As improbable as that sounds, that was the scene two weeks ago in the Carmel Forest. As part of a Volunteer Day organized by the Boston-Haifa Connection Young Leaders in Haifa, a group of us from Boston joined the Haifaiim and headed into the forest to help clear away brush for replanting and natural regeneration. With heavy rains in the forecast, the JNF personnel on site deemed our planned volunteering activities too dangerous given the slopes would be slippery and muddy. So instead, our guides took us on a hike down the same slippery slopes.
It doesn’t make any more sense now than it did then, but it was our first chance to survey the damage from the deadly wildfire that burned through a significant part of the forest in December, and so off we went.
Within three minutes, the drizzle turned into steady rain into a downpour into just about a monsoon. On we went into the forest and we could see in the distance trees blackened from the heat. Just as we emerged into an open area with some wider trails, the rain became hail and we searched for some shelter. Instinctively, we moved under the biggest tree around, and only once it was providing some cover, we looked up and noticed that this tree had been in the direct path of the wildfire, and that yes, even its bare branches whose leaves will never return provided us that refuge.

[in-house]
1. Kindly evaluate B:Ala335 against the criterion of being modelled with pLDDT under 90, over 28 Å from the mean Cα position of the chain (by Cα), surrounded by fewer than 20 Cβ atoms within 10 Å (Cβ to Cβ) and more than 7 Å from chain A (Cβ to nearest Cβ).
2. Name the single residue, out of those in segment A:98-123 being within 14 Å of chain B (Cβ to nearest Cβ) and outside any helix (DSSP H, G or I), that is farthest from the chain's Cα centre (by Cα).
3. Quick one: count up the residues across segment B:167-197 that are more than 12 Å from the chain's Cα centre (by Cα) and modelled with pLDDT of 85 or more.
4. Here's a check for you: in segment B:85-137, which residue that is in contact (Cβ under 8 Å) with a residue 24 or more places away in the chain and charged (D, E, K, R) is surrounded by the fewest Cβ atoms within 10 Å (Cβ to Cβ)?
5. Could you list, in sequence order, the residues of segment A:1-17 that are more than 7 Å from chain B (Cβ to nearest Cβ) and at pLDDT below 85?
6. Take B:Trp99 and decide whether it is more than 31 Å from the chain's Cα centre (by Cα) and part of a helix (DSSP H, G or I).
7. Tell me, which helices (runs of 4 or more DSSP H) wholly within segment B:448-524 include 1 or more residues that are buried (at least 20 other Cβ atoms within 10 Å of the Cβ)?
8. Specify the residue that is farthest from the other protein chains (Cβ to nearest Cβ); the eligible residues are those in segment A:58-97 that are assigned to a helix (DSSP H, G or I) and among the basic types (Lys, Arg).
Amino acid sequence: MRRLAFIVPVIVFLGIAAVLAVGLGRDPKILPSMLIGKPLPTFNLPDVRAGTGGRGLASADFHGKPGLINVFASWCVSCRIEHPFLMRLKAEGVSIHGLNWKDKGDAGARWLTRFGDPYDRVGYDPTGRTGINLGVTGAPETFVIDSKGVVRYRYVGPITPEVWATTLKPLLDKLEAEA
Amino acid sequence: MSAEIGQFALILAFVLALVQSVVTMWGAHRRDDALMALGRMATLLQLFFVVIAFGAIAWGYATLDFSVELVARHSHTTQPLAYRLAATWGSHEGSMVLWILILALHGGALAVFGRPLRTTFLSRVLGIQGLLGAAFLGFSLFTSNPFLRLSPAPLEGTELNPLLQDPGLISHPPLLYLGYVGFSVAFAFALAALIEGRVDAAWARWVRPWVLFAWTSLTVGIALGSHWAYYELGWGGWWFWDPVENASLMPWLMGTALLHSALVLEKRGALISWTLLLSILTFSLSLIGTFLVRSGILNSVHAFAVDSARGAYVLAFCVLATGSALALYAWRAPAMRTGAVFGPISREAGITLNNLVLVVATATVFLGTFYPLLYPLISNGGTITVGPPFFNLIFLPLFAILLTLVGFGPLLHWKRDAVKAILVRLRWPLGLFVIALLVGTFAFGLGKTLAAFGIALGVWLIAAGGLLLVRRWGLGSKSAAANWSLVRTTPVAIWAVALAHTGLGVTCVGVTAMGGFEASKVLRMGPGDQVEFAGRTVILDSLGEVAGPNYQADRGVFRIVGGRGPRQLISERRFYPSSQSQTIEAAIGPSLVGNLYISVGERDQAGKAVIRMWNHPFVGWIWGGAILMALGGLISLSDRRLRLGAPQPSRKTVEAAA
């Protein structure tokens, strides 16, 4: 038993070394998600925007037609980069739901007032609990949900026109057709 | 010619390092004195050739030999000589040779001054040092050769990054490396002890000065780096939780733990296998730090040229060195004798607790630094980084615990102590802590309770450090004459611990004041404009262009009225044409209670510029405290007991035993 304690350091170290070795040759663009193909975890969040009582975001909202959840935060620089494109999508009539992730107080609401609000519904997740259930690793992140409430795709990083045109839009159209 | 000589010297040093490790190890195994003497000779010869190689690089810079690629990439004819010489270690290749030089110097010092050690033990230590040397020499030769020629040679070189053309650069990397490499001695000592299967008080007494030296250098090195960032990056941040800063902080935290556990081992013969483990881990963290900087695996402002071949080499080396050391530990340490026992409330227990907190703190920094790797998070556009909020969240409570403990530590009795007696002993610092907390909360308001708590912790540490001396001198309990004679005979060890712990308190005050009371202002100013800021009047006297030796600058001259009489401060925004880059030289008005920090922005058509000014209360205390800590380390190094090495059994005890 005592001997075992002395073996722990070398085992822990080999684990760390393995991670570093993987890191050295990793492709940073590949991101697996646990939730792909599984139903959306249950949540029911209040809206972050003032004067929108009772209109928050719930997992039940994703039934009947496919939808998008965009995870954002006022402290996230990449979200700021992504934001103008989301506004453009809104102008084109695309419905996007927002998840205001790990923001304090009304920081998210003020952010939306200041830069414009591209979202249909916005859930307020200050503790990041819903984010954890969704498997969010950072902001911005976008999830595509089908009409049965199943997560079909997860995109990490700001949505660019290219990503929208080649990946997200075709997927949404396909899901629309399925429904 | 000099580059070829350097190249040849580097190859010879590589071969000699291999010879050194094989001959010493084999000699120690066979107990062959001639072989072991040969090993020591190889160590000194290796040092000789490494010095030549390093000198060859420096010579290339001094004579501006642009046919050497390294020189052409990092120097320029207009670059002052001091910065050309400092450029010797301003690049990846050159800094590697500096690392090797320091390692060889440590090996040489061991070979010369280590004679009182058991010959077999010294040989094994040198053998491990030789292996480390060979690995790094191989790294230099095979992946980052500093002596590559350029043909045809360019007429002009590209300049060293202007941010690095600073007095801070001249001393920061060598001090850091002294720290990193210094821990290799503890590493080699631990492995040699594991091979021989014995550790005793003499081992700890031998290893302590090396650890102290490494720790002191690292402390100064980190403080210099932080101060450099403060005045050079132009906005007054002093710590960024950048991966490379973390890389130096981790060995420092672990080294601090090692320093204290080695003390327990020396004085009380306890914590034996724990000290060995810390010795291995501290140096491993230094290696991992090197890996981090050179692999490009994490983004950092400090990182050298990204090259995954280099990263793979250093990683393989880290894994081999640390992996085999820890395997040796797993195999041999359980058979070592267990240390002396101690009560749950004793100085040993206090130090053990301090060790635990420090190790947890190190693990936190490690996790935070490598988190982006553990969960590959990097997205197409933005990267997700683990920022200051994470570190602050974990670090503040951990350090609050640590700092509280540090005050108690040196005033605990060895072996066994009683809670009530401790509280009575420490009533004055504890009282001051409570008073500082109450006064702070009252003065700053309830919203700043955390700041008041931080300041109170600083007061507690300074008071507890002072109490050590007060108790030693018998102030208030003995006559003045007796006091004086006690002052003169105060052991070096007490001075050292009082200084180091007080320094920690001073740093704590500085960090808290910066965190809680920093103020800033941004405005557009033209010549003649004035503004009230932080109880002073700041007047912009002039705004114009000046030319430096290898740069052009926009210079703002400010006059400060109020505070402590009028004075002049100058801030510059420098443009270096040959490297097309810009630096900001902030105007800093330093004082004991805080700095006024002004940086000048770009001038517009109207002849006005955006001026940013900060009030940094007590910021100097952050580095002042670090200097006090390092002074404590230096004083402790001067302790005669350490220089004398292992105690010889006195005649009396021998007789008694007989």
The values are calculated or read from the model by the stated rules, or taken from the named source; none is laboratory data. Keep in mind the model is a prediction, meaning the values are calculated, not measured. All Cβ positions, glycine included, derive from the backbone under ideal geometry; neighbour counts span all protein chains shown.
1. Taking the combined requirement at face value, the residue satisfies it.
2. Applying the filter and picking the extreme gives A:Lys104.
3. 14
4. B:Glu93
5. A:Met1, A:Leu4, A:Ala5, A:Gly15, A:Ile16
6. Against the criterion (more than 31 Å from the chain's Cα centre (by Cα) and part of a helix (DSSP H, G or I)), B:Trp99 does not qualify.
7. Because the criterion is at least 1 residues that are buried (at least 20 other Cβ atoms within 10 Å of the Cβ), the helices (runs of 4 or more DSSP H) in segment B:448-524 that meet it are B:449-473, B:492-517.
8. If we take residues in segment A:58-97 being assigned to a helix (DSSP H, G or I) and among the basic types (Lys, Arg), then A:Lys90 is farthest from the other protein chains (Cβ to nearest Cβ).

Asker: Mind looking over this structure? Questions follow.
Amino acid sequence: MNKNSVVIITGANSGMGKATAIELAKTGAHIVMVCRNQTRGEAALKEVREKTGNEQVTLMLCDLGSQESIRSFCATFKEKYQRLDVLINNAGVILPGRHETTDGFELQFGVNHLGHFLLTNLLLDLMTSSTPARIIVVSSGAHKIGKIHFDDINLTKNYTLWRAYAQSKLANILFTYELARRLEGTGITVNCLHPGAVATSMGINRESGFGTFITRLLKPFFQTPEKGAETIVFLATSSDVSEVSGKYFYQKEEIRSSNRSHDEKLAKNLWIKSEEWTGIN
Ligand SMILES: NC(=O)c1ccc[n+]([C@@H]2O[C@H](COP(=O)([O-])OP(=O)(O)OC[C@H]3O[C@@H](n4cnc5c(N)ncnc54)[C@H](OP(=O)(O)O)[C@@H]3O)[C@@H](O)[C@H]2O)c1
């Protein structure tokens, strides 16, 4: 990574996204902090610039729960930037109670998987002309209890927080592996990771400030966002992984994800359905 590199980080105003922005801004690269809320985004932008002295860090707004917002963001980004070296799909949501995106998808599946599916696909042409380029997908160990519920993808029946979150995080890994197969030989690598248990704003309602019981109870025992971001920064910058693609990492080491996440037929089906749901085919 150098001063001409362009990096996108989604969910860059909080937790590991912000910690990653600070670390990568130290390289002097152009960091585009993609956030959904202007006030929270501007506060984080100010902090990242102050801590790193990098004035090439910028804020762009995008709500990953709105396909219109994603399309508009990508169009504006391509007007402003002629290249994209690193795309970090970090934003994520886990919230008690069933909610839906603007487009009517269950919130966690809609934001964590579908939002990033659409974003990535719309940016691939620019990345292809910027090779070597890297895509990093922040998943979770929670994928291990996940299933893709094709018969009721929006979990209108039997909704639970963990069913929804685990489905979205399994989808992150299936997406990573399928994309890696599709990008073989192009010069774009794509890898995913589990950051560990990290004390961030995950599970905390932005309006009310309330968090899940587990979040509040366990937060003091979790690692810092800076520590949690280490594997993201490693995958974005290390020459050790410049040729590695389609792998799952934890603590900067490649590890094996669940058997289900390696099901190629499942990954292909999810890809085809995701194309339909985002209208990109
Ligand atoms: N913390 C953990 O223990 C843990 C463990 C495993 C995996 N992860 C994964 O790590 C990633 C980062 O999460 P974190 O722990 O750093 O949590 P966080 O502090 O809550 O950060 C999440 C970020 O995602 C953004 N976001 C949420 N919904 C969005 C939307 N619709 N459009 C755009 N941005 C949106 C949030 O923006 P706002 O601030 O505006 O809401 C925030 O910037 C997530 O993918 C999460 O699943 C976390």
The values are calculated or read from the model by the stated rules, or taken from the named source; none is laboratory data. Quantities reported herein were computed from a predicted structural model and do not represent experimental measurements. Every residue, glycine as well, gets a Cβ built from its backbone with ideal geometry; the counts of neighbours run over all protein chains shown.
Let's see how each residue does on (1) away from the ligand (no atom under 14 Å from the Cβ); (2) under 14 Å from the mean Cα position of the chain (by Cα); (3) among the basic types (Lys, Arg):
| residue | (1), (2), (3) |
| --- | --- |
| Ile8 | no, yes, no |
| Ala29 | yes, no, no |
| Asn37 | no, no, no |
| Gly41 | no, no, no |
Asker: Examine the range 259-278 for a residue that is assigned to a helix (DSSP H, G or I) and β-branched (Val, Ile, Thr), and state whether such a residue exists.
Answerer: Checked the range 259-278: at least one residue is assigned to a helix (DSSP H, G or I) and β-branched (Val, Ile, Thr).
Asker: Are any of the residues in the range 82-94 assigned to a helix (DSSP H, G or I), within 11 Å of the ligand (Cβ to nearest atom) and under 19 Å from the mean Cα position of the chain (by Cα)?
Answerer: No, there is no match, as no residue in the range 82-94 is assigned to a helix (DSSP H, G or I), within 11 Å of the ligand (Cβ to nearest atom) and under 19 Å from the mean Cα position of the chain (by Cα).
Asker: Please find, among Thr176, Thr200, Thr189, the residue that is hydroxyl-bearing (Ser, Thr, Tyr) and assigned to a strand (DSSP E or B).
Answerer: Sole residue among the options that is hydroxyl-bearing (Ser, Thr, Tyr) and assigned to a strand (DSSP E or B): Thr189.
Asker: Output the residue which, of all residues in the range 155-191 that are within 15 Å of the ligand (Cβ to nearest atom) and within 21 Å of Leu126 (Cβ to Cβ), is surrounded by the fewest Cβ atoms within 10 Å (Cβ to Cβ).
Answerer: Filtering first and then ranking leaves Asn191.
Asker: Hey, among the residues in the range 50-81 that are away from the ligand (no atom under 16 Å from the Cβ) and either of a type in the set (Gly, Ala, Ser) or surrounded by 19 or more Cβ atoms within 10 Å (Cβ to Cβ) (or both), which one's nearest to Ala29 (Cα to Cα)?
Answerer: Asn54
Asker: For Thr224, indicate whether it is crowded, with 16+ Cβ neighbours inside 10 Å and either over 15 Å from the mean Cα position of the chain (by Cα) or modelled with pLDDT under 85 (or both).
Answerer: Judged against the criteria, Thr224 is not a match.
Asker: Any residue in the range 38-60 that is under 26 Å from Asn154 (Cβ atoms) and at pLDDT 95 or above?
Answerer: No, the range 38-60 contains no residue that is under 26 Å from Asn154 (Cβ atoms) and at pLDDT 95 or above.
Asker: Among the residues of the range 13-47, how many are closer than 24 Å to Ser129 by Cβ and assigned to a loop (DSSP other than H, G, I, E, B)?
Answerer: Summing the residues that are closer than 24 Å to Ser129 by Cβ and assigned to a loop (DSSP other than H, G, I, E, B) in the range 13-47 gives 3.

The most horrifying consequence of the fire was the loss of life – 43 people died in its path. Another of the many reasons the fire was so painful is the connection Israelis have to the Land of Israel. While some revere its holiness as the land God promised to Avraham, Yitzhak and Ya’acov, others simply treasure its beauty. Israelis love to hike, they love to enjoy the beautiful nature reserves and parks that can be found all across this country. They picnic and barbeque with their families, go on hikes with friends and the most ambitious hike the Israel Trail, stretching from Tel Dan on the Lebanese border all the way down the length of the country south to Eilat.
We couldn’t have been any more soaked when we arrived back at our bus, but definitely better for the experience. During the meeting of the joint Boston-Haifa Connection Steering Committee, we visited a number of the communities affected most by the wildfires, such as Kibbutz Bet Oren, Yemin Orde, and Ein Hod, and we visited them with our friends from Haifa. Precisely because of our strong ties to Haifa, the community here in Boston rallied together to support Haifa both financially and emotionally in the days and weeks following the devastation. And while the fire has been extinguished for over three months now, it’s clear that groups coming to Israel from Boston are making it a point to come to the Carmel and volunteer to help restore its beauty any way they can.